One of the courts is labeled the Romantic Garden and has four or five concrete horses on a concrete slope. The sides of the horses’ heads are faced with flat metal plates. It’s a not-uninteresting display, but the romance escapes me.
We walked on to the Castle of the Egg, which is part of the whole 11th century myth of Virgil the Magician which is the core of Monsters of the Earth; the third of my Elements fantasies for Tor. Everything connects. It’s the most visible item on the waterfront when looking from our hotel room.
The castle was a massive structure whose arcades made me think of deChirico. Indeed, deChirico seems much less surreal to me now that I’ve seen Italy. It had gotten warm walking by the harbor, and the breeze through some of the openings was very nice.
On our return I tried to find a particular set of steps up the slope which the borrowed Fodor’s guidebook suggested was particularly picturesque. We didn’t find that set, but we found several and climbed and snaked our way back amazingly to the Corso V. Emanuel. Where we had to cross real streets (before we got to the steps) it was awkward and seemed dangerous for traffic. We definitely were seeing the real, working/living Naples on this excursion.>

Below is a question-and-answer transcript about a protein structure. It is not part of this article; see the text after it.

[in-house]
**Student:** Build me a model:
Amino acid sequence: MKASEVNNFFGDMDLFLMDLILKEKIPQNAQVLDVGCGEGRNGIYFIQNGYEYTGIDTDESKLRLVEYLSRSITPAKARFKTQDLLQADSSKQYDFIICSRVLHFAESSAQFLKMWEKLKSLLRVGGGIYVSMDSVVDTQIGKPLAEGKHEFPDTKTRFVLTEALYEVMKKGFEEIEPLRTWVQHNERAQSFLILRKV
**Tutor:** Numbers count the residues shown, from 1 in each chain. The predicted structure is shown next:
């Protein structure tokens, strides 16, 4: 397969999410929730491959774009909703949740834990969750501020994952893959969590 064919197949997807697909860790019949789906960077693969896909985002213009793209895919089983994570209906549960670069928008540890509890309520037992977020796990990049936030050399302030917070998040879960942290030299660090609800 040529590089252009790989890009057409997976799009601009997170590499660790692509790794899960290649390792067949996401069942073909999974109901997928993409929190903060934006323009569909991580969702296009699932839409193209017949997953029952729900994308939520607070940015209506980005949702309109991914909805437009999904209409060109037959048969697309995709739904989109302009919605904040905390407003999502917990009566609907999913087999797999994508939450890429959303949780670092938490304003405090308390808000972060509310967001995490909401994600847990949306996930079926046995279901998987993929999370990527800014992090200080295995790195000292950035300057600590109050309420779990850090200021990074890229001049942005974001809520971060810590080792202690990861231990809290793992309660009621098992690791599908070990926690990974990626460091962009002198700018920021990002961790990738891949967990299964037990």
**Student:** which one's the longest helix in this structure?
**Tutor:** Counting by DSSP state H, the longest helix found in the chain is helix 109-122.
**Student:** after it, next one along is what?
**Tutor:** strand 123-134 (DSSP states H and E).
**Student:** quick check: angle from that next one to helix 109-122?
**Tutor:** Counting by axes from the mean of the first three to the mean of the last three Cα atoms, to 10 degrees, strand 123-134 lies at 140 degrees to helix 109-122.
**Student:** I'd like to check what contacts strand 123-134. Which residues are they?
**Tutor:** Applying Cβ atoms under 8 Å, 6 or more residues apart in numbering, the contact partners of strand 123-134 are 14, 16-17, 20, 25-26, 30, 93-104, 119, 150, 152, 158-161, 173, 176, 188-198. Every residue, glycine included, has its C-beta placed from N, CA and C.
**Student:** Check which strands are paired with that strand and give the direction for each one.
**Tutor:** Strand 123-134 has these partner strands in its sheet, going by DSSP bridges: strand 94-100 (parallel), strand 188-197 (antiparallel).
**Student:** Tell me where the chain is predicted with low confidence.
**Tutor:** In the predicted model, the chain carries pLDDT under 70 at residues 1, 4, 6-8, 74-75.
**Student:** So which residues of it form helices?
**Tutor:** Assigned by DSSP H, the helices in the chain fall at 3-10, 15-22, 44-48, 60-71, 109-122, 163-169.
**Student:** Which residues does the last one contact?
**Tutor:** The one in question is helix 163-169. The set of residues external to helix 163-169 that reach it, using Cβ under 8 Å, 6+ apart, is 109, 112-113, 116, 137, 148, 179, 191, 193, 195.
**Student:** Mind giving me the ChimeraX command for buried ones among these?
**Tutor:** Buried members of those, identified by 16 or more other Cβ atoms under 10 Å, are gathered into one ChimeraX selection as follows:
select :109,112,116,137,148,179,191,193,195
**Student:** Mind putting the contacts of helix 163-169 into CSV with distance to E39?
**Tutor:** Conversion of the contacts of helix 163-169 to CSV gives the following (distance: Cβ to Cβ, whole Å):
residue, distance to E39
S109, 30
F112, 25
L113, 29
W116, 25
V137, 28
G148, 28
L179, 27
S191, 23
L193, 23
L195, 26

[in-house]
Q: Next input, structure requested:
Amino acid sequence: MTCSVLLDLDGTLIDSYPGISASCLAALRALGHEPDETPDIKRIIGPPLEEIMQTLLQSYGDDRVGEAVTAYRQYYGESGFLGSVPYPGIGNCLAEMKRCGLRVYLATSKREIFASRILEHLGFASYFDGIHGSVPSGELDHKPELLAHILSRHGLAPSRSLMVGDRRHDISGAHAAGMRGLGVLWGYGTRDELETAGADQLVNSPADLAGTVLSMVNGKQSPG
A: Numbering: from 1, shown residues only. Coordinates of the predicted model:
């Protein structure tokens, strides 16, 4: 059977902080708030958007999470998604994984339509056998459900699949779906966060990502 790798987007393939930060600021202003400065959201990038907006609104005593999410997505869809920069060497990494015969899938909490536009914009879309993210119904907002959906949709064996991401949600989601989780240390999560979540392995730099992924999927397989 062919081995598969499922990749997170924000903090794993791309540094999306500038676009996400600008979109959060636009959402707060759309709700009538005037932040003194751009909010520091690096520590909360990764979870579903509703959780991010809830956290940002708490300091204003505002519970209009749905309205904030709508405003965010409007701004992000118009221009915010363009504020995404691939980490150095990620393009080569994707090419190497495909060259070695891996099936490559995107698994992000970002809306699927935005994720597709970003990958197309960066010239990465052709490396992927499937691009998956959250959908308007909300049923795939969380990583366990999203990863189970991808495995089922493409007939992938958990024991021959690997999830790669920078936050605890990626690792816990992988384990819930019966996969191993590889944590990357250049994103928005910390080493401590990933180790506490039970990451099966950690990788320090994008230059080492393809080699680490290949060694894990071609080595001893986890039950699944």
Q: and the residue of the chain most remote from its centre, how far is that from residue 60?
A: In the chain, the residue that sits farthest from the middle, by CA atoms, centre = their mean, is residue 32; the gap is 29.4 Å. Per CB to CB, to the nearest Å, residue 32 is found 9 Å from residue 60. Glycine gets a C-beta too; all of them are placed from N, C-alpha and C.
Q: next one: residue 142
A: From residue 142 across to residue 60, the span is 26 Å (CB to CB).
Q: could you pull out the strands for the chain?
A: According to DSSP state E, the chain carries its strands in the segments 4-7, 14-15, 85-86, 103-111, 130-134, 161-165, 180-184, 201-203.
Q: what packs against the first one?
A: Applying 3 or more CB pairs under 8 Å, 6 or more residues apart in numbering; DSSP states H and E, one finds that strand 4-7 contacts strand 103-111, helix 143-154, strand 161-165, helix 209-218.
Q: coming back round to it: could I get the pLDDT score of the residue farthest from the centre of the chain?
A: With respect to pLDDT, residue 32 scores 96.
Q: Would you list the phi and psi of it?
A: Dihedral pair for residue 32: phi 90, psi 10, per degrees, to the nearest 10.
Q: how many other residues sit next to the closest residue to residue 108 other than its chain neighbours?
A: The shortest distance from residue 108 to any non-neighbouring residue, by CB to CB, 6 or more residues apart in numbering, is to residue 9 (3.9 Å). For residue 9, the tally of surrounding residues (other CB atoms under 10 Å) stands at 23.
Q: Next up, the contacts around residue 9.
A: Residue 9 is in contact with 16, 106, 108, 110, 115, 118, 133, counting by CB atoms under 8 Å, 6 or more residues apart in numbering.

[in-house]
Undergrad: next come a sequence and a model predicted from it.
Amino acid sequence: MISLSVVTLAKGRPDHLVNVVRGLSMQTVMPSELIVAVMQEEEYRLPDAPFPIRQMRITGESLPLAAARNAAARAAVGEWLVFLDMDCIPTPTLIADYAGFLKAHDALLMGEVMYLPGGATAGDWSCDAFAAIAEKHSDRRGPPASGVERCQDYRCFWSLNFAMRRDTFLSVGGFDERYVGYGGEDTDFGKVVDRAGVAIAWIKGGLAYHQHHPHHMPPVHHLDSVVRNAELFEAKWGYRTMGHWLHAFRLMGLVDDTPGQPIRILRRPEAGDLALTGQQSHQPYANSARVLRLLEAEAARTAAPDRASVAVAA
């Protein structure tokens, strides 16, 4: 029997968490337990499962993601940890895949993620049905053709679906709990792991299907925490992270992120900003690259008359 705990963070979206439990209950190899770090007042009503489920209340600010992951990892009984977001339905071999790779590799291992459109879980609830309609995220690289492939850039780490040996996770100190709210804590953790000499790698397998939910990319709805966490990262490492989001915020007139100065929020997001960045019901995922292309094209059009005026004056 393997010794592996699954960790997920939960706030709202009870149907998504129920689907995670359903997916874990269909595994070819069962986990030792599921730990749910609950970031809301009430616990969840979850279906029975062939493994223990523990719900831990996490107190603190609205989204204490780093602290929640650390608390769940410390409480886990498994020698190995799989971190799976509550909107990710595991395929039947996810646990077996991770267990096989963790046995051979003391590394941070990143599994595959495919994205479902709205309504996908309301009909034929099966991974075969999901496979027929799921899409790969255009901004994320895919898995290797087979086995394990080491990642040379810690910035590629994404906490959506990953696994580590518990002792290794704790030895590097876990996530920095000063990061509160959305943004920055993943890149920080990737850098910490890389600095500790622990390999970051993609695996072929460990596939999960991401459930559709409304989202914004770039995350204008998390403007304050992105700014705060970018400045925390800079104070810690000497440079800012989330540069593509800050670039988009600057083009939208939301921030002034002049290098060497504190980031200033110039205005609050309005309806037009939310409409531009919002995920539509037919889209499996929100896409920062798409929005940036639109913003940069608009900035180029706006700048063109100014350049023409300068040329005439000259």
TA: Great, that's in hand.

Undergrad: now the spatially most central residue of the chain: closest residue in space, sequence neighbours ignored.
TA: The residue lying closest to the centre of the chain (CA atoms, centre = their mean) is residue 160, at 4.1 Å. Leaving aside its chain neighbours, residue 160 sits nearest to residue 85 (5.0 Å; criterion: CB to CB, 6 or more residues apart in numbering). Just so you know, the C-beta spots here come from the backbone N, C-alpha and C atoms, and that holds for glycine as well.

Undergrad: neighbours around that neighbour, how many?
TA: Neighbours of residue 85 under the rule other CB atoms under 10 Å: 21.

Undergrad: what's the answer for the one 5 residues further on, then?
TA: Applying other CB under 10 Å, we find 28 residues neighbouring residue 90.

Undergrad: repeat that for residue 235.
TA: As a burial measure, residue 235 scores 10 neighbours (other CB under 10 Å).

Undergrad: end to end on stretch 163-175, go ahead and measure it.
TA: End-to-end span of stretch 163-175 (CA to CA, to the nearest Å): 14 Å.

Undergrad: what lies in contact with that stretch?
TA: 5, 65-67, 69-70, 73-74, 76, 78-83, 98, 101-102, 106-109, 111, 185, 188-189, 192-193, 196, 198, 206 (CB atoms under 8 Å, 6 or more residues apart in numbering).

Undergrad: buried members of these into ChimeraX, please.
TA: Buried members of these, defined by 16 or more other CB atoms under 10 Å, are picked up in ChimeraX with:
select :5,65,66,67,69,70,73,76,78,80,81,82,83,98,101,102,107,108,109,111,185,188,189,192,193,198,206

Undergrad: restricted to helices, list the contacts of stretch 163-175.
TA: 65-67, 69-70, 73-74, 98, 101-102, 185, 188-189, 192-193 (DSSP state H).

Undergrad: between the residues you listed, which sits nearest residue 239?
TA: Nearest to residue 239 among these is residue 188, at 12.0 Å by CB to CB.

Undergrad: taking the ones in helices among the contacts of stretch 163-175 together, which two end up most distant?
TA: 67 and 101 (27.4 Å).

To dinner with Glenn and Helen. The funicular failed at the first stop up, so we hiked more to the top and the restaurant.
On Wednesday the Archeological Museum was open and we went there. It was marvelous, even more so than Pompeii itself. The wall paintings and floor mosaics really bowled me over. The guide book really wasn’t very good, but there’s a fat book titled La Pittura Pompeiana which has a lot but not everything. Even though it’s in Italian, I bought it. It weighed a lot to come home with, but I managed.
I was really struck by the amount of overlap between the paintings and Ovid’s Metamorphoses. I was recognizing stuff from Ovid. There were other sources, in particular Greek tragedy, but Ovid would take you through most.
The Secret Cabinet is open now. Times have changed and tastes have changed, though not so much that the some of the decorations from private houses (that is, excluding the paintings from the brothel) are likely to be duplicated on the walls of private houses today.
When Jo said that you had to sign up to see the secret room and get a time, I didn’t think it was worth it. I’d seen (I thought) most of the art already. (She’d misread the sign: tour groups of over ten have to sign up, but that doesn’t affect individuals.)